County’s history pulls into Washington station

July 28, 2017
Mayor Scott Putnam speaks Friday during the dedication ceremony for the Washington County Heritage Information Center at the old train station on South Main Street in Washington. - Celeste Van Kirk/Observer-Reporter Order a Print

Washington County’s history continues to make history.

The Washington County Heritage Alliance, an association comprising nine history-related organizations, unveiled its newly minted information center Friday morning. The offices are in the restored train station – a historical site vintage 1882 – at 273 S. Main St., Washington.

“This was one of the original gateways to Washington County, a key stop, and we’re using it again as a gateway to Washington County,” said Scott Becker, alliance chairman, executive director of the Pennsylvania Trolley Museum and emcee for the news conference.

The Trolley Museum is part of the alliance, which was formed a few years ago to promote and enhance awareness of historical sites. The other eight organizations are the David Bradford House; Duncan & Miller Glass Museum; Meadowcroft Rockshelter & Historic Village; National Pike Steam Gas & Horse Association; National Road Heritage Corridor; Washington County Historical Society/LeMoyne House and Crematorium; Washington County History & Landmarks Foundation/John White House; and the Whiskey Rebellion Festival.

This group was formed a few years ago to work together to promote and enhance awareness of historical sites.

Becker was one of 11 dignitaries to approach the podium, situated 15 feet outside the entrance to the Washington County Heritage Information Center. Inside, visitors can access brochures, maps, displays and other resources in offices that will be staffed 10 a.m. to 4 p.m. Thursday through Saturday through Oct. 28.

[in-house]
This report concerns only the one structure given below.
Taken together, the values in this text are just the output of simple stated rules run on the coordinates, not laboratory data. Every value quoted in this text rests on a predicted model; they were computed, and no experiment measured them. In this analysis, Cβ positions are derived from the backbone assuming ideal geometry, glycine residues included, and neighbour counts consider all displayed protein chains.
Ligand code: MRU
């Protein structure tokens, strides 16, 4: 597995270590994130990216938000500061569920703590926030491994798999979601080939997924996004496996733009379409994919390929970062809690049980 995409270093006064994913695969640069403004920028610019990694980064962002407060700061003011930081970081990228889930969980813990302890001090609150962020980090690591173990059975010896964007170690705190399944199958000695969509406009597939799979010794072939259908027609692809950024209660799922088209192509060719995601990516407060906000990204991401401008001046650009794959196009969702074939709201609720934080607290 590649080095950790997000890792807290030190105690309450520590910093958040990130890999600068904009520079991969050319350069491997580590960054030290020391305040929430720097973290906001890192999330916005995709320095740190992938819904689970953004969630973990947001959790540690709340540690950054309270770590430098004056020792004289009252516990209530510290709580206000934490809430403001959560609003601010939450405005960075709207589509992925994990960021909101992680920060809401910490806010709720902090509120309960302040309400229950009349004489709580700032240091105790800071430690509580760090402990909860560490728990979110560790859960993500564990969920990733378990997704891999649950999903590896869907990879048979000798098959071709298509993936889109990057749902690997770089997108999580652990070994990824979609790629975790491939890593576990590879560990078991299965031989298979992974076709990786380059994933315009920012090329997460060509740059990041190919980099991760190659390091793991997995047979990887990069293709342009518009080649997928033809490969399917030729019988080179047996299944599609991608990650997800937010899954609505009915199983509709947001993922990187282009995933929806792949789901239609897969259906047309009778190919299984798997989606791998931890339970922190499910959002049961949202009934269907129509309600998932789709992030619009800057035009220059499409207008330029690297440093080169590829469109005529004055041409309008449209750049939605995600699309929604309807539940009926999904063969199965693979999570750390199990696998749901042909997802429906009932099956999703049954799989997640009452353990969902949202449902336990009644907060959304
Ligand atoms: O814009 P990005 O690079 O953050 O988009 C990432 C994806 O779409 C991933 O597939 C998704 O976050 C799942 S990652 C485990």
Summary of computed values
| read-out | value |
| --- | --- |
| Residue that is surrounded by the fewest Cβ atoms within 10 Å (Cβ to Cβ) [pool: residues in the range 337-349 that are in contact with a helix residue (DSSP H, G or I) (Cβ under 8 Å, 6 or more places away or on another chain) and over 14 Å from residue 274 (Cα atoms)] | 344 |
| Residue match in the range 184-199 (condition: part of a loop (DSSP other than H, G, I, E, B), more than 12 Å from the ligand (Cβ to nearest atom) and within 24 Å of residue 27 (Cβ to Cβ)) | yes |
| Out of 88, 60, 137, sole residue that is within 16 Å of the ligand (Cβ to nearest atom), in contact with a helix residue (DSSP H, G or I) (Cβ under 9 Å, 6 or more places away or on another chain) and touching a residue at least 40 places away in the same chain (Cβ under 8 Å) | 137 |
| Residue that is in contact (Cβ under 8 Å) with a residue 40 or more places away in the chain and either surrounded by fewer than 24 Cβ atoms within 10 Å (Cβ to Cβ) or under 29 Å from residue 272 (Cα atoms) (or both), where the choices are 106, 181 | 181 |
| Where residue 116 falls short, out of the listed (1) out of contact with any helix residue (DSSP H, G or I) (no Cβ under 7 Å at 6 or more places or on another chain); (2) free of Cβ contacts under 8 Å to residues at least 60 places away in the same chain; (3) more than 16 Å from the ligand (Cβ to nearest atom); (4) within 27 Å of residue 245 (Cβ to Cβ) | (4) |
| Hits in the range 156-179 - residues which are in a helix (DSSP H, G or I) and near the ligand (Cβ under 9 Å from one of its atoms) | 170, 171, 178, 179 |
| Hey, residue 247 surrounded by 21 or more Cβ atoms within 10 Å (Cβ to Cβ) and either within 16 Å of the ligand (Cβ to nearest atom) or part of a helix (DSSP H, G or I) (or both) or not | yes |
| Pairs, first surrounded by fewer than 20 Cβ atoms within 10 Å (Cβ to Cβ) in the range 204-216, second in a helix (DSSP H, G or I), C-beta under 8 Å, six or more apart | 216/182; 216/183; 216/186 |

The former Baltimore & Ohio station is owned by Washington County Council on Economic Development, which upgraded the facility. WCCED, directed by Dan Reitz, is allowing the center to operate at no cost, Becker said.

Travel and tourism is already a viable industry in Pennsylvania, and is doing well in Washington County. Becker said more than 150,000 people visited the county’s heritage sites last year. One of the alliance’s goals, naturally, is to boost that number.

“A leisure traveler, unlike a business traveler, stays longer and spends more money,” said Tripp Kline, co-founder of the Whiskey Rebellion Festival. “History always stays with us. It’s a marketing tool we need to take advantage of.”

Becker said the strategic plan includes attracting motor coach tours and “working with more historical groups in the Mon Valley.” The alliance’s website is

Pausing outside the center following the news conference, Becker beamed. “We’re really excited about this as a way to showcase all of the heritage sites in the county,” he said. “We’re all rolling up our sleeves.”

Rick Shrum joined the Observer-Reporter as a reporter in 2012, after serving as a section editor, sports reporter and copy editor at the Pittsburgh Post-Gazette. Rick has won seven individual writing awards, including two Golden Quills.

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